What is the commonality in these stories? These past two years of social distancing during corona have shown us who takes responsibility for themselves and others, who responsibly follows directions, who chooses not to, and a whole lot in between.
We have taken our masks up and we have taken our masks down, with some canceling all parties and others throwing caution to the wind and celebrating with thousands of their closest friends. While many of us can be proud of our behavior, spreading kindness and caring toward others, not an insignificant amount have opted to “do it their way” spreading germs and putting my loved ones as well as yours at risk.
COVID has provided an enormous arena in which to assess how much we really do take care of not just ourselves but other people – family, friends, strangers.
How many overwhelmed parents are all too happy to send their not-so-healthy children to school so that the child has a day of education and they have a day at work? How many adults go to work or interact with others mask-less, or with a bit of fever, some sniffles and assume that all is all ok… until it isn’t.
I myself tested positive this past week for COVID. I tested because our children were coming for Shabbat, and it was the responsible thing to do. I had such mild symptoms that I could have easily assumed it was my sinuses or allergies.
Compared to how unwell I was after each vaccine for three to four days, I was grateful and rewarded that I was vaccinated and had such a mild case of Omicron. It is obviously very contagious as I have barely been anywhere, am masked outside of the house except when eating and frequently wore a KN95 mask!
When I found out I was positive and had to go into bidud as my husband tested negative, I actually breathed several sighs of relief. Soon, I would be less likely to infect others unknowingly, or feel I was playing dodgeball waiting to be tagged. We all want to avoid the other bugs around.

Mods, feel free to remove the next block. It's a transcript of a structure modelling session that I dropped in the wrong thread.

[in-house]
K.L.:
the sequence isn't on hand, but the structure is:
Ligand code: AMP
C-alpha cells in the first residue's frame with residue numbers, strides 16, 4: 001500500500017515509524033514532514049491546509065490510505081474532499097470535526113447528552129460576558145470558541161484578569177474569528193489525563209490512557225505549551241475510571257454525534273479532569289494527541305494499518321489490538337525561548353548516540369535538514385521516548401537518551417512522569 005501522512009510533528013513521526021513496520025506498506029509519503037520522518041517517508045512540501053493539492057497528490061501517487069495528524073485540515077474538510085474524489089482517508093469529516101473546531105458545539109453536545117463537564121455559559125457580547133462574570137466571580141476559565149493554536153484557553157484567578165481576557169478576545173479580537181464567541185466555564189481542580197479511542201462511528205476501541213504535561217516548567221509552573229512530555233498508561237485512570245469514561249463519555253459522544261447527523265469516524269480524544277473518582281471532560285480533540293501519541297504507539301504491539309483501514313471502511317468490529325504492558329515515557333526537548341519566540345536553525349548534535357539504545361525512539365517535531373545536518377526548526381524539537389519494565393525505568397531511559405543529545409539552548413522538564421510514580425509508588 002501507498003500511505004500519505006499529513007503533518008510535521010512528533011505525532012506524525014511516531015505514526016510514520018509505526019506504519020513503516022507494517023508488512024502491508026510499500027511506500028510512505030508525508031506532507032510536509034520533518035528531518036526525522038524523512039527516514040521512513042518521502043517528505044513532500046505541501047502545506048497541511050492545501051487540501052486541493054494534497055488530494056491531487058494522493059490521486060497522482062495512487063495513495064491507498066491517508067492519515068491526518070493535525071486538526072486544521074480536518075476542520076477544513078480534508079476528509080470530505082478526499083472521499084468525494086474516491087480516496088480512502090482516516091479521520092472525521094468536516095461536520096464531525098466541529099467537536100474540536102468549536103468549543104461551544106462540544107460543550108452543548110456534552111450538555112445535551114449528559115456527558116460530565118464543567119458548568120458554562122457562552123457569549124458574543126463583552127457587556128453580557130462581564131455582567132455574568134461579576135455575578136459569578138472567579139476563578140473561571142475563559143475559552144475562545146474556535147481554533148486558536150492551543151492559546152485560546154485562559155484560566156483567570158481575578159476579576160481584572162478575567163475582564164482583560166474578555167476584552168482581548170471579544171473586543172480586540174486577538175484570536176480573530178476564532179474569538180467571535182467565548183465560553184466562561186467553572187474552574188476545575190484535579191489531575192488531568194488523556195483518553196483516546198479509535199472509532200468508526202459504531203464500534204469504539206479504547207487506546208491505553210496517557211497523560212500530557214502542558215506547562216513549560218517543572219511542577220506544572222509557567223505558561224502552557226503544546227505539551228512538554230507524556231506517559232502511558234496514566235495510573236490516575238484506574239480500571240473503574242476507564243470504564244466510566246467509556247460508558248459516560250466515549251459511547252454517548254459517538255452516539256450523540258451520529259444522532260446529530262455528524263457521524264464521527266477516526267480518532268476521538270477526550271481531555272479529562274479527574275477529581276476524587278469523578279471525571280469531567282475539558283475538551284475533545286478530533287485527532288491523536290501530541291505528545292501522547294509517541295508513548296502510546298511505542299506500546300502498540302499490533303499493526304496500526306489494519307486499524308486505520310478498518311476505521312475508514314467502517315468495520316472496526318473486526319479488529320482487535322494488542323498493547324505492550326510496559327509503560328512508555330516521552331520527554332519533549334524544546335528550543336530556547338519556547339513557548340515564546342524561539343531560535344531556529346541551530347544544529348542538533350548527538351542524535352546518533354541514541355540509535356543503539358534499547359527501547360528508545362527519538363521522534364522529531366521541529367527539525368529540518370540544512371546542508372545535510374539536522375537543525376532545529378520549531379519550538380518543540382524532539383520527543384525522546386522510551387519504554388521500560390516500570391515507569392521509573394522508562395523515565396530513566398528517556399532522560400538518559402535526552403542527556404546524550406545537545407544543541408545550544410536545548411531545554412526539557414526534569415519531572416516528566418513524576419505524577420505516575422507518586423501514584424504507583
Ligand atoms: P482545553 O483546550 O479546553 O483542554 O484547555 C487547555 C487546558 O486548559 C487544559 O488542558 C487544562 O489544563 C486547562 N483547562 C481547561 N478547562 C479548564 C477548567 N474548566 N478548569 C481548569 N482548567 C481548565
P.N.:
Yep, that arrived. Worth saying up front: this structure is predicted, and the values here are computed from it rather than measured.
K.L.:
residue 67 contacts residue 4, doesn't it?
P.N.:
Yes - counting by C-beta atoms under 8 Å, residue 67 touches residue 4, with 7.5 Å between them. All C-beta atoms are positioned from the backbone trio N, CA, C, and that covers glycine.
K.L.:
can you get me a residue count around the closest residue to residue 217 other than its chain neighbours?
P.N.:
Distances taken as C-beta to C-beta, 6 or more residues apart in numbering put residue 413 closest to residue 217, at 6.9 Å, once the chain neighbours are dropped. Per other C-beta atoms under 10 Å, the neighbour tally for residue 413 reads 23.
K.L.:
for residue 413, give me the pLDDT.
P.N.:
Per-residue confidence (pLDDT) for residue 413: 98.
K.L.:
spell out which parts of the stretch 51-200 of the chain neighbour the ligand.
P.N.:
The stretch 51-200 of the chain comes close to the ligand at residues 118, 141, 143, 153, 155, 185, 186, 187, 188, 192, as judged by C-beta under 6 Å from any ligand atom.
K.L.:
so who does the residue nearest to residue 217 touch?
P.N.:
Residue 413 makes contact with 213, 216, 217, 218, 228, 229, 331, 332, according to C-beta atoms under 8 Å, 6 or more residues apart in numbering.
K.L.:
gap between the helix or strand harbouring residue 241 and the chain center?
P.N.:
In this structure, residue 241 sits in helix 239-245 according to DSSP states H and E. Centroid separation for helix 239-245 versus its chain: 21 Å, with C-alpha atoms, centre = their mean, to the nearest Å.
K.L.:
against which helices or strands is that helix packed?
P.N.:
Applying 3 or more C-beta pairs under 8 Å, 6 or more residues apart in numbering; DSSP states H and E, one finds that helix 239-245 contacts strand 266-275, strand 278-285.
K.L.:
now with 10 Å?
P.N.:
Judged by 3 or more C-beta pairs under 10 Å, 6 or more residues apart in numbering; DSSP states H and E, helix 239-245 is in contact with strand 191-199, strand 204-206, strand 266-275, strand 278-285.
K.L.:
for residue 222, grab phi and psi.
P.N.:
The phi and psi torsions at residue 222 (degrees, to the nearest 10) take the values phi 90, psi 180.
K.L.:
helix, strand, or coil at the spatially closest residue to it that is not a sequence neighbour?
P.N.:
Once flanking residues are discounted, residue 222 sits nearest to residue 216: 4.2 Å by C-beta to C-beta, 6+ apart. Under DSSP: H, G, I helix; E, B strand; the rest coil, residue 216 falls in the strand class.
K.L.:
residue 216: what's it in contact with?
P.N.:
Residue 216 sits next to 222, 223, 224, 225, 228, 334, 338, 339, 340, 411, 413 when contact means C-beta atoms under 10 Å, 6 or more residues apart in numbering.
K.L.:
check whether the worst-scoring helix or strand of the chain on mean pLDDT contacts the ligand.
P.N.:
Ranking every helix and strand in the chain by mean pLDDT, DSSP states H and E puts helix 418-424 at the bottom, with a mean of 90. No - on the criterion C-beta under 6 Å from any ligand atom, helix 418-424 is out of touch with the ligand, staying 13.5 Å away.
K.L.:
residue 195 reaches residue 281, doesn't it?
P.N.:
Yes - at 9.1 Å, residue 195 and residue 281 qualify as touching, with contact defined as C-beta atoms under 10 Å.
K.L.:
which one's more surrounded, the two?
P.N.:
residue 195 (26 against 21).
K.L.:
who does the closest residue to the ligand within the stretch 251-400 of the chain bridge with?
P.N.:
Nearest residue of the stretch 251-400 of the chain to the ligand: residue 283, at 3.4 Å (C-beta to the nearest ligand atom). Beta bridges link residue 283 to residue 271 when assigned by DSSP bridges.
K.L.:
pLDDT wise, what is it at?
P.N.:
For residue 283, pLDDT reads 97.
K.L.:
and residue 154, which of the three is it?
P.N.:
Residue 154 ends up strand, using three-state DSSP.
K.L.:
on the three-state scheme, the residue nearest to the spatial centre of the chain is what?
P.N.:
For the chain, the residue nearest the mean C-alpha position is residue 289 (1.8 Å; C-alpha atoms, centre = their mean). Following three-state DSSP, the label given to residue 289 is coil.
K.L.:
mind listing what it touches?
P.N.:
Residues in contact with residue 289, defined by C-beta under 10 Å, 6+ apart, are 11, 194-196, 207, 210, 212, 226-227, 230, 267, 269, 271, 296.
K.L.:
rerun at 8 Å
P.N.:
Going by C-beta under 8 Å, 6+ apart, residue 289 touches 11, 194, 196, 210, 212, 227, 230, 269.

While bidud offered the reward of far fewer responsibilities toward others, with no one to look after, I was theoretically free to see others again after just five days when I tested negative on days four and five. It seemed nevertheless that the responsible thing to do was to wait seven days, which I did!
AS WE are given the opportunity to look after not just ourselves, but others, perhaps the message is: put more energy into thinking of and protecting others, now that COVID is edging toward perhaps becoming endemic.
We all know what we should do regarding COVID and keeping others safe. Here are a few other things we all can do in all aspects of our lives:
- Reach out to help others when we see they are in distress. At the very least we can be in telephone contact and offer to help.
- Keep our cellphone on silent when in public and move away if we need to speak so we don’t bother others. Noise can be very stressful for others.
- Hold a door open for someone else rather than have it slam in their face.
- Wait for others to exit an elevator before rushing in.
- Signal our intentions to other drivers, not rush the intersection and assume we may have the right to go first.
- Responsibly think about how our actions may impact our environment and take a step to help keep it clean and safe for future generations.
- Let people know just how much you love and appreciate them.
- Try and anticipate what someone else might like and surprise them, just for fun.
- If you have family or friends who have recently bonded over Wordle, create a group and praise others for their great attempts.
- Take time to volunteer. We are all in this together and it not only feels good to help out but great to put a smile on the face of others.
The next time you see someone drop something, perhaps offer to help. ■
The writer is a licensed clinical psychologist in private practice in Ra’anana, and author of Life’s Journey: Exploring Relationships – Resolving Conflicts. She has written about psychology in The Jerusalem Post since 2000. [email protected], www.drbatyaludman.com